How much can an investor contribute to a traditional IRA?

In 2019, an individual may contribute up to $6,000 in a traditional IRA plus a catch-up contribution of $1,000 for those individuals age 50 and older.

YEAR

Contribution Limit

Age 50 Catch-up Contribution

2018

$5,500

$1,000

2019

$6,000

$1,000


Can an investor contribute to both a traditional and a Roth IRA2?

Yes, assuming the investor meets Roth IRA eligibility requirements. However, an investor has one combined contribution limit of $6,000 ($7,000 if age 50 or older).

When can I contribute to a traditional IRA?

An investor can make traditional IRA contributions anytime throughout the year. In addition, contributions for the prior year can be made as late as the investor’s tax filing due date; generally April 15th not including extensions. For example, an investor is eligible to make a 2018 IRA contribution as late as April 15, 2018. 

What if the traditional IRA contribution limit is exceeded?

An investor needs to remove the excess funds by their tax-filing deadline, including extension, or face a 6% excise tax on the excess.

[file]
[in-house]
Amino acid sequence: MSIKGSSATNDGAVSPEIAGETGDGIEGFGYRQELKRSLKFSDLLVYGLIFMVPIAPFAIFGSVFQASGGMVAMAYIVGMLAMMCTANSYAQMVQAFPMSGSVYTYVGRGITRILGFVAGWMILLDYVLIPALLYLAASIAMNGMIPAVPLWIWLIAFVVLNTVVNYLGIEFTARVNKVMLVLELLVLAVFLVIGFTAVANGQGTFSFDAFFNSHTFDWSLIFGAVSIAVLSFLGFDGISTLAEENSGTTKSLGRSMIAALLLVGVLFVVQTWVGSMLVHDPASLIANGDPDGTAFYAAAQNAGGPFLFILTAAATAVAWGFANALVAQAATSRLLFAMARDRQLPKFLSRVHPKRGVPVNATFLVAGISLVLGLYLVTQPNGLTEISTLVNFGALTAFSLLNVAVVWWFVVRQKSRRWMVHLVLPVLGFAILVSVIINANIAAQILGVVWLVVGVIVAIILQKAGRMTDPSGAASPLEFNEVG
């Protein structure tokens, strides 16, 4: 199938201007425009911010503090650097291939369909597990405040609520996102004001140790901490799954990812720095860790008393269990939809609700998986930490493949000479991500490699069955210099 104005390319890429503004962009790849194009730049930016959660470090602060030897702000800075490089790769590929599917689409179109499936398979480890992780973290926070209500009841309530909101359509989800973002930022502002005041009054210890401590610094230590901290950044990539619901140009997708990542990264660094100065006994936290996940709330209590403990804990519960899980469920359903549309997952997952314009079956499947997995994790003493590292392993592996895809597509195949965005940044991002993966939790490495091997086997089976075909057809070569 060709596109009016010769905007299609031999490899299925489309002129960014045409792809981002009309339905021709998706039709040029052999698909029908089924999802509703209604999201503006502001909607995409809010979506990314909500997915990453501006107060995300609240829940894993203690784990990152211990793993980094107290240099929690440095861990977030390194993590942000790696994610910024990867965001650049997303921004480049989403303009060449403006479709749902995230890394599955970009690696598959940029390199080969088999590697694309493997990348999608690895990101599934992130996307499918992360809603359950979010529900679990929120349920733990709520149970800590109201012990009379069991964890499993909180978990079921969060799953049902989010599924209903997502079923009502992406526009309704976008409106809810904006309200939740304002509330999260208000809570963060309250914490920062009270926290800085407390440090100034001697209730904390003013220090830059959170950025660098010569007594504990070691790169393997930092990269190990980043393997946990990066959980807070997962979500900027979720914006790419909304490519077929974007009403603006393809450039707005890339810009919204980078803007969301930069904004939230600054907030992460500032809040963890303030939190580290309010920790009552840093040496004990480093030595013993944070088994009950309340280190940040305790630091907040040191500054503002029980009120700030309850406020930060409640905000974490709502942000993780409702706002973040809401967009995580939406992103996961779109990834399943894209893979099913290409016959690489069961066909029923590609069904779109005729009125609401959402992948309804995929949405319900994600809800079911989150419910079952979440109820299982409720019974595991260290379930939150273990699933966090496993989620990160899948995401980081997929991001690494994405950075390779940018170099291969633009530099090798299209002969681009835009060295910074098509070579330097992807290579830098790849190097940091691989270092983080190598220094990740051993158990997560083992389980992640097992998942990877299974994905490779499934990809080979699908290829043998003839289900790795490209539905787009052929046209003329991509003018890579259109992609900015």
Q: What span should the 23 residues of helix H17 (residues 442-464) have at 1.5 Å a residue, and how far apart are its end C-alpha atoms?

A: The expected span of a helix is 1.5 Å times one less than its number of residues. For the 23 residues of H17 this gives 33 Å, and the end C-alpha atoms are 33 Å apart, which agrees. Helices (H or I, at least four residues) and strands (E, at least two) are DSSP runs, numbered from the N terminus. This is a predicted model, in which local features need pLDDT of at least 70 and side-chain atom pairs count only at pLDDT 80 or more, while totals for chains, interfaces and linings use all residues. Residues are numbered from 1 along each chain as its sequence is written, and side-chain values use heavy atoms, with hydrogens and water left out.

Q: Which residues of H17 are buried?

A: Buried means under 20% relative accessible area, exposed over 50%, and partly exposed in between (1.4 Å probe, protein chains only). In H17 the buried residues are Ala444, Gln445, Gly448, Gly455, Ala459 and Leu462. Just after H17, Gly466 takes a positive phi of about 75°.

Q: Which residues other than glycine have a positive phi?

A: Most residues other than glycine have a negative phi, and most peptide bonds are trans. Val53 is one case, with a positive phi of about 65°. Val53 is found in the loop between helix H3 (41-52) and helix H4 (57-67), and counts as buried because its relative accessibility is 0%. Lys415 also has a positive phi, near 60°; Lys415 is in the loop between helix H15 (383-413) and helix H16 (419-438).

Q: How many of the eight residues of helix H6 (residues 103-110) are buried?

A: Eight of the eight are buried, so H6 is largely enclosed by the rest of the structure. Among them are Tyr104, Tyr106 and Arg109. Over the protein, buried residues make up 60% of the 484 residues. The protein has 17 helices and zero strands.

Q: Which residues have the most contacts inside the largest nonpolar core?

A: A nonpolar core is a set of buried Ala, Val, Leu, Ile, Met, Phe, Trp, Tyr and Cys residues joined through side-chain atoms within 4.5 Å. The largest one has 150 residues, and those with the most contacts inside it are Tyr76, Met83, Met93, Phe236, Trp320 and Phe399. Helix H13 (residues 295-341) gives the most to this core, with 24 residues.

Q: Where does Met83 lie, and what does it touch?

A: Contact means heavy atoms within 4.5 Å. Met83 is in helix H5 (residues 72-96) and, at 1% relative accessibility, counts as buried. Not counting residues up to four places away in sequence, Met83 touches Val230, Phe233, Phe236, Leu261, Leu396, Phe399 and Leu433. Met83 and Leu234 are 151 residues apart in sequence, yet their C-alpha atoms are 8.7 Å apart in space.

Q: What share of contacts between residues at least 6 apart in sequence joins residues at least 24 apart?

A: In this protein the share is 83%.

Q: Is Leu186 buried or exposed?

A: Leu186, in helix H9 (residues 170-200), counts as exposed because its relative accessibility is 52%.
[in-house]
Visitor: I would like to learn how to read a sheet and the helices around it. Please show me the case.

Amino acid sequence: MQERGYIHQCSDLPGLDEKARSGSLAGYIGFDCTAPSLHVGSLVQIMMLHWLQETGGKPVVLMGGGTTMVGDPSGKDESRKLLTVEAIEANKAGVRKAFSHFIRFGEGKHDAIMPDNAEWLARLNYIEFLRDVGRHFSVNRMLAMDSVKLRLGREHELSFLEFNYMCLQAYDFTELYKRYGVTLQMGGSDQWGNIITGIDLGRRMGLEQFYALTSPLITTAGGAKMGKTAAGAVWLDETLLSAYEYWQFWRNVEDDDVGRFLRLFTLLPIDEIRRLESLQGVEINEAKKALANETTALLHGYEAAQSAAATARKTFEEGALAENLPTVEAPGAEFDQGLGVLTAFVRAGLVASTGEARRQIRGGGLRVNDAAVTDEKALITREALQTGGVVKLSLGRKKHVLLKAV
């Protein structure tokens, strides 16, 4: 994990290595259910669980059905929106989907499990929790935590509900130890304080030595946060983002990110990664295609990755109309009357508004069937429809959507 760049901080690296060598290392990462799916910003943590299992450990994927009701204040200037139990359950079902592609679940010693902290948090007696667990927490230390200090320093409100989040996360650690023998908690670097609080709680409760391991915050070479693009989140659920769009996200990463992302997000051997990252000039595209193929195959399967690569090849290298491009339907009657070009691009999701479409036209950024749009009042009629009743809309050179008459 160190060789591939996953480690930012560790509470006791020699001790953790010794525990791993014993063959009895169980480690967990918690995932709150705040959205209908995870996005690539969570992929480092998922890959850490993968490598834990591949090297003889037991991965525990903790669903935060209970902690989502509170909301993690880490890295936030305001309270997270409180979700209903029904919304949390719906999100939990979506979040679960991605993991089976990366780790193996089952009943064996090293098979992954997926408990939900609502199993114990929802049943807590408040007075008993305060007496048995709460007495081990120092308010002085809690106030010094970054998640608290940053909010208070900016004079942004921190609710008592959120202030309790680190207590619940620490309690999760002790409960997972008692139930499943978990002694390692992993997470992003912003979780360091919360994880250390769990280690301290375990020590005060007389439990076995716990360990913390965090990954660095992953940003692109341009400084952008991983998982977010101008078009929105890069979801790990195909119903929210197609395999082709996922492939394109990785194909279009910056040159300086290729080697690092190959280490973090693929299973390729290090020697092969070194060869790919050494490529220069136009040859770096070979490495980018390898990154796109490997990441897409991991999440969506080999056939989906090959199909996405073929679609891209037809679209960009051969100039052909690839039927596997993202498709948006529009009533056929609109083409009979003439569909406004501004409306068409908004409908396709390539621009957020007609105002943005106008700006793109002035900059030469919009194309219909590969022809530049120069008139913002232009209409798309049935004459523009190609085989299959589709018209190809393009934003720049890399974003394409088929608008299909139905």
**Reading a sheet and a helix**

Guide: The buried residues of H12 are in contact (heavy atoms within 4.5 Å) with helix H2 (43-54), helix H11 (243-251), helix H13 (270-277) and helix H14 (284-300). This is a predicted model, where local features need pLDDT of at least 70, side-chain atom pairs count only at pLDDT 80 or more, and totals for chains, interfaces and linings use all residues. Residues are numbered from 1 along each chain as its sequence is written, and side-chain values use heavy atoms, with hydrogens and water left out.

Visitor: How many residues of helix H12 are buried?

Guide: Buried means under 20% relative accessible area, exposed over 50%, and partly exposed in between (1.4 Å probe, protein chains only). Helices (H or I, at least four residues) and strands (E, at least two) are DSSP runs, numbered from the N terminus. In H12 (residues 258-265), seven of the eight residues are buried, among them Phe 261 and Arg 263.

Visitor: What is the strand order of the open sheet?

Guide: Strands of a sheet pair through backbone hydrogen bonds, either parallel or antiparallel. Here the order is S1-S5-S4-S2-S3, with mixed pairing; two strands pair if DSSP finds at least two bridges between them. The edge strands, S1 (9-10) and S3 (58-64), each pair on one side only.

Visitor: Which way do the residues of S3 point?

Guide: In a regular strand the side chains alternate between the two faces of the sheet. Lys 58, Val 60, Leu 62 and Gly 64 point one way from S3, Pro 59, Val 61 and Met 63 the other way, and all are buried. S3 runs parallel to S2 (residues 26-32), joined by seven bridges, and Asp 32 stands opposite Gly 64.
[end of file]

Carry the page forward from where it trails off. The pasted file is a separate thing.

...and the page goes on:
Why would an investor fund a traditional IRA if the contribution is not tax deductible?

All traditional IRA contributions earnings are tax-deferred until withdrawn. It may be to an investor’s advantage, then, to accumulate tax-advantaged funds, allowing the full amount invested plus earnings to compound tax deferred until withdrawn. Further, many individuals cannot contribute to a Roth IRA due to eligibility restrictions. Therefore, the only IRA savings option is to make nondeductible traditional IRA contributions. 

Distributions

Distributions

This material is intended as general information only and is not intended as legal or tax advice. Some of this information may be quite complex and we strongly suggest you consult with your advisor or tax professional based on your individual situation. 

What types of distributions can be taken from a traditional IRA?